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Philippines protests Chinese ‘sovereignty patrols’

August 18, 2014

MANILA, Philippines (AP) — The Philippines will file a new diplomatic protest with China complaining about frequent patrols by Chinese ships in the South China Sea, the Department of Foreign Affairs said Monday.

The department’s spokesman, Charles Jose, said the “pattern of illegitimate sovereignty patrols” in the Philippines’ 200-nautical-mile exclusive economic zone were part of China’s efforts to change the status quo in the South China Sea in violation of the U.N. Convention on the Law of the Sea and a 2002 regional accord that called for an end to tension-producing actions in the disputed waters.

President Benigno Aquino III, in an interview with Manila’s TV5 network aired late Sunday, said the military recently spotted two Chinese “hydrographic ships” in Reed Bank, about 85 nautical miles from western Palawan province, but it was not clear what the maritime survey vessels were doing.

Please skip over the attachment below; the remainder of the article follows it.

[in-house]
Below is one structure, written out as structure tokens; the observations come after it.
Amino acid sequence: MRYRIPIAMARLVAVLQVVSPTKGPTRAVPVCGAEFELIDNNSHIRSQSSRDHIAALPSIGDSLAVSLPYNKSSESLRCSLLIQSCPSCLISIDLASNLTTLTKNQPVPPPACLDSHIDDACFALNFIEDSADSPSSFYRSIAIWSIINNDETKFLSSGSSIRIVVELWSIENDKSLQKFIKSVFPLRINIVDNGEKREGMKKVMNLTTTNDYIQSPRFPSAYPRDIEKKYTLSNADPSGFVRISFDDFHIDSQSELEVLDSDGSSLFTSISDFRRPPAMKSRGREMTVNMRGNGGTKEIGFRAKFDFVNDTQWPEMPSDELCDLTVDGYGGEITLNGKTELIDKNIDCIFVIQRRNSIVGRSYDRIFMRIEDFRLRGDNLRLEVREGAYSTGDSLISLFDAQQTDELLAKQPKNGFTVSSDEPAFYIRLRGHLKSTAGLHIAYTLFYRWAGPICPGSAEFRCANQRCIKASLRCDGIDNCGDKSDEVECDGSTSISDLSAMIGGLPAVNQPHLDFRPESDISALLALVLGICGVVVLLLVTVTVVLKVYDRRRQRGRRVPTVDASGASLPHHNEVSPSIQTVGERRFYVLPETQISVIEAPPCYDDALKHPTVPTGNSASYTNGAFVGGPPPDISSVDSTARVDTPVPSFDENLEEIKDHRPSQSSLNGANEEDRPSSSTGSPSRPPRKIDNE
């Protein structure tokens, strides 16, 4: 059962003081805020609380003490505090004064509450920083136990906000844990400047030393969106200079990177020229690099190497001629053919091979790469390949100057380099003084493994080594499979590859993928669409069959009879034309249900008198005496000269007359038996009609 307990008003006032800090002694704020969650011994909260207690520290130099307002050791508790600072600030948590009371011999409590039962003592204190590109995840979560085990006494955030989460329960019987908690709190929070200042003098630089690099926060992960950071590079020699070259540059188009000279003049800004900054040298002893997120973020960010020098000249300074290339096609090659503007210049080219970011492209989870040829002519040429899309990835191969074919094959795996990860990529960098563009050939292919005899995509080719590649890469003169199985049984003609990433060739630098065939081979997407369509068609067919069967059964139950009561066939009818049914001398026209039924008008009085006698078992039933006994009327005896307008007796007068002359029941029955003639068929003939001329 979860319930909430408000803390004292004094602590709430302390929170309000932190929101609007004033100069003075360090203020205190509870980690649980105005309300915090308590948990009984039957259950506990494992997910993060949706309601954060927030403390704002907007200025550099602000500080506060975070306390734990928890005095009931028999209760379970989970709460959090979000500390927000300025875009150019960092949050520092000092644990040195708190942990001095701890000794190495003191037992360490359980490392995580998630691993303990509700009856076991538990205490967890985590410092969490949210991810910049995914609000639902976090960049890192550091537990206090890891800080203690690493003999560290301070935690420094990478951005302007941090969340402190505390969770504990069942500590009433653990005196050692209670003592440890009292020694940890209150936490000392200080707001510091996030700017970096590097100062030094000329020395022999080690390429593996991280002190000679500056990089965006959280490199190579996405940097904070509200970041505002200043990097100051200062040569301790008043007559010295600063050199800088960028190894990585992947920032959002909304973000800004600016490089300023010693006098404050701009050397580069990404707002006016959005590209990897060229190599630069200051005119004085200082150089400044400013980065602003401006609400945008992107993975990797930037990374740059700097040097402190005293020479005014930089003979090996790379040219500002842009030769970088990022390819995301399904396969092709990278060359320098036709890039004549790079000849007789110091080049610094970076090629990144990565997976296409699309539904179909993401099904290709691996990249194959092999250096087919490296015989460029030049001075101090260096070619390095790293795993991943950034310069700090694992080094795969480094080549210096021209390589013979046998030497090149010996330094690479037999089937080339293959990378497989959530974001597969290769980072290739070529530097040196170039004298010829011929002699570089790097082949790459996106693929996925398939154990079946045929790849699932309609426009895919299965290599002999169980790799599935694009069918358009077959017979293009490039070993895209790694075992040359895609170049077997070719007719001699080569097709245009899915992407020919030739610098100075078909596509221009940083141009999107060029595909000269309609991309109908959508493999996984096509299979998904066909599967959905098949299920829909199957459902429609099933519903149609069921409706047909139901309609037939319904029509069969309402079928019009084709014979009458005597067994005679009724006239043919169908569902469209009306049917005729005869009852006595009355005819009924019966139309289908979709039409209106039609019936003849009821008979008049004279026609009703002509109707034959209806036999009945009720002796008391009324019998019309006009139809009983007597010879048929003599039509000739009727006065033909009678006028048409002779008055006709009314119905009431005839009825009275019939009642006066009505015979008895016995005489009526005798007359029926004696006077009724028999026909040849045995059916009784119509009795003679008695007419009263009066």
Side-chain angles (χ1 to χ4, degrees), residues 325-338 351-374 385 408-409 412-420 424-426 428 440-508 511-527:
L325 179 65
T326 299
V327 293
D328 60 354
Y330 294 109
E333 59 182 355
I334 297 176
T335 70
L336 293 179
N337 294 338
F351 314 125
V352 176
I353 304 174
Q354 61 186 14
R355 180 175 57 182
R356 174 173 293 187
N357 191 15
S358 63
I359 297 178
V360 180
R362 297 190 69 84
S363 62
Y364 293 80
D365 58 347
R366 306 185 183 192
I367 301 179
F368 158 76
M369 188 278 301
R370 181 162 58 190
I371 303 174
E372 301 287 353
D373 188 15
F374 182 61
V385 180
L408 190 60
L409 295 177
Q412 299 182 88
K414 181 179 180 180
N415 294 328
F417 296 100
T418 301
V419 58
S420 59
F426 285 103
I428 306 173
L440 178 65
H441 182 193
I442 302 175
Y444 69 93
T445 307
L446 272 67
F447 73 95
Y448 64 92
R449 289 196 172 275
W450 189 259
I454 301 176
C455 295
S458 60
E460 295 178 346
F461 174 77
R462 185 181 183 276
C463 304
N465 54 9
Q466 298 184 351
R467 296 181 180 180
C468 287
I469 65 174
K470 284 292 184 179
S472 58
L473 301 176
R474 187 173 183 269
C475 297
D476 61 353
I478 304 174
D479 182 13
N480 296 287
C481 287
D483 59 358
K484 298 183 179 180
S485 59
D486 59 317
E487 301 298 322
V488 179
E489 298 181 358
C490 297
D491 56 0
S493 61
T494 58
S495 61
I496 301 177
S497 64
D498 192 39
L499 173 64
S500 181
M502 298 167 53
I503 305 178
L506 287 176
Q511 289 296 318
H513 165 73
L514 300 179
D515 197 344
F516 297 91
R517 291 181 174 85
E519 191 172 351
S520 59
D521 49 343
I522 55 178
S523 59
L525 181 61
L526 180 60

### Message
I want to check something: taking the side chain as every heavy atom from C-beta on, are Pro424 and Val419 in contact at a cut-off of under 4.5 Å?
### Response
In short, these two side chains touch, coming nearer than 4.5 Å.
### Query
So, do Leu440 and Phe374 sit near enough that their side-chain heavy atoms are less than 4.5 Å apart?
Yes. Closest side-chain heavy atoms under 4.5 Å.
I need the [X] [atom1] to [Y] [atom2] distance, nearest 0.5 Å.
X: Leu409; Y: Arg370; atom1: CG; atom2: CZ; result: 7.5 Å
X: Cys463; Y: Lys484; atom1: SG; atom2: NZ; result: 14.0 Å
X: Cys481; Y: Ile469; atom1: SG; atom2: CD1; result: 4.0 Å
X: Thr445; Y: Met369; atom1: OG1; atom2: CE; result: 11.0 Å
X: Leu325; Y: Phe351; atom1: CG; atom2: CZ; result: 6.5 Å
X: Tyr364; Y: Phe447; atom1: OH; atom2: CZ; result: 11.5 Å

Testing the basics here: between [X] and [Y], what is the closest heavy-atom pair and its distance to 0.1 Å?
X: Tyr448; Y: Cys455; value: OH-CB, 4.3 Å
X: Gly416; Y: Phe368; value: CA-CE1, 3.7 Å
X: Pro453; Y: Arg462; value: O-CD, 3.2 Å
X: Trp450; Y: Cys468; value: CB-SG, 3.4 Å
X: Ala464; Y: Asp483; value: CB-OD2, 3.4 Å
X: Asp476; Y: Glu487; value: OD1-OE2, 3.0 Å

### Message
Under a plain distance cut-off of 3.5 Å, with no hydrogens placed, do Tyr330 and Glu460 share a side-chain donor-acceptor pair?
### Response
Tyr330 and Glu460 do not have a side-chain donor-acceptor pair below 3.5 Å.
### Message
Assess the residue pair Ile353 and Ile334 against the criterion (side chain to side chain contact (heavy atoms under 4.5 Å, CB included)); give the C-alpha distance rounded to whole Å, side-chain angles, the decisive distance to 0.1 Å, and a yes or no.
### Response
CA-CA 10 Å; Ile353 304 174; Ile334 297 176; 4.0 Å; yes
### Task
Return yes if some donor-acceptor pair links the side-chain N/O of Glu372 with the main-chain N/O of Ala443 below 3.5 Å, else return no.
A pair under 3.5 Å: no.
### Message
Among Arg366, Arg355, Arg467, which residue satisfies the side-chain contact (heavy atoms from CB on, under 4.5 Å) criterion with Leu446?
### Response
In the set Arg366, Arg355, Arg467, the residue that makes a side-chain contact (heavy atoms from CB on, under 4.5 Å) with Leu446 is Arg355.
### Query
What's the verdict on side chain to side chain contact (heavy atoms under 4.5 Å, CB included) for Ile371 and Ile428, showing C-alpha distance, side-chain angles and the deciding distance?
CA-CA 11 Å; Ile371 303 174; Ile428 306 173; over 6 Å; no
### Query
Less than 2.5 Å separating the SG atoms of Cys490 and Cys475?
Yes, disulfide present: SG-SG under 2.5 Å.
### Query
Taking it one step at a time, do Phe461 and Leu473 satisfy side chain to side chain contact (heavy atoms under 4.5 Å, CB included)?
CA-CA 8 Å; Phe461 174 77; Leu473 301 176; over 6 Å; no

The Reed Bank is a potentially oil and gas rich area. Chinese ships tried to drive away a Philippine exploration vessel there in March 2011. A Philippine general deployed two air force planes, but the Chinese patrol ships had left by the time the aircraft reached the contested area.

Peter Paul Galvez, spokesman for the Philippines’ Department of National Defense, said the presence of the maritime survey vessels were monitored at the Reed Bank in June.

“We are protesting the conduct of sovereignty patrols by Chinese vessels on Recto Bank,” Jose said, using the Philippines’ name for Reed Bank. “The frequent passage of Chinese vessels in Recto Bank is not an innocent exercise of freedom of navigation but is actually done as part of a pattern of illegitimate sovereignty patrols in the Philippines’ exclusive economic zone pursuant to China’s unilateral effort to change the status quo in the South China Sea.”

There was no immediate reaction from the Chinese Embassy.

China and the Philippines, along with Brunei, Malaysia, Taiwan and Vietnam, have been contesting ownership of mostly barren islands, islets, reefs and surrounding waters in the South China Sea for years.

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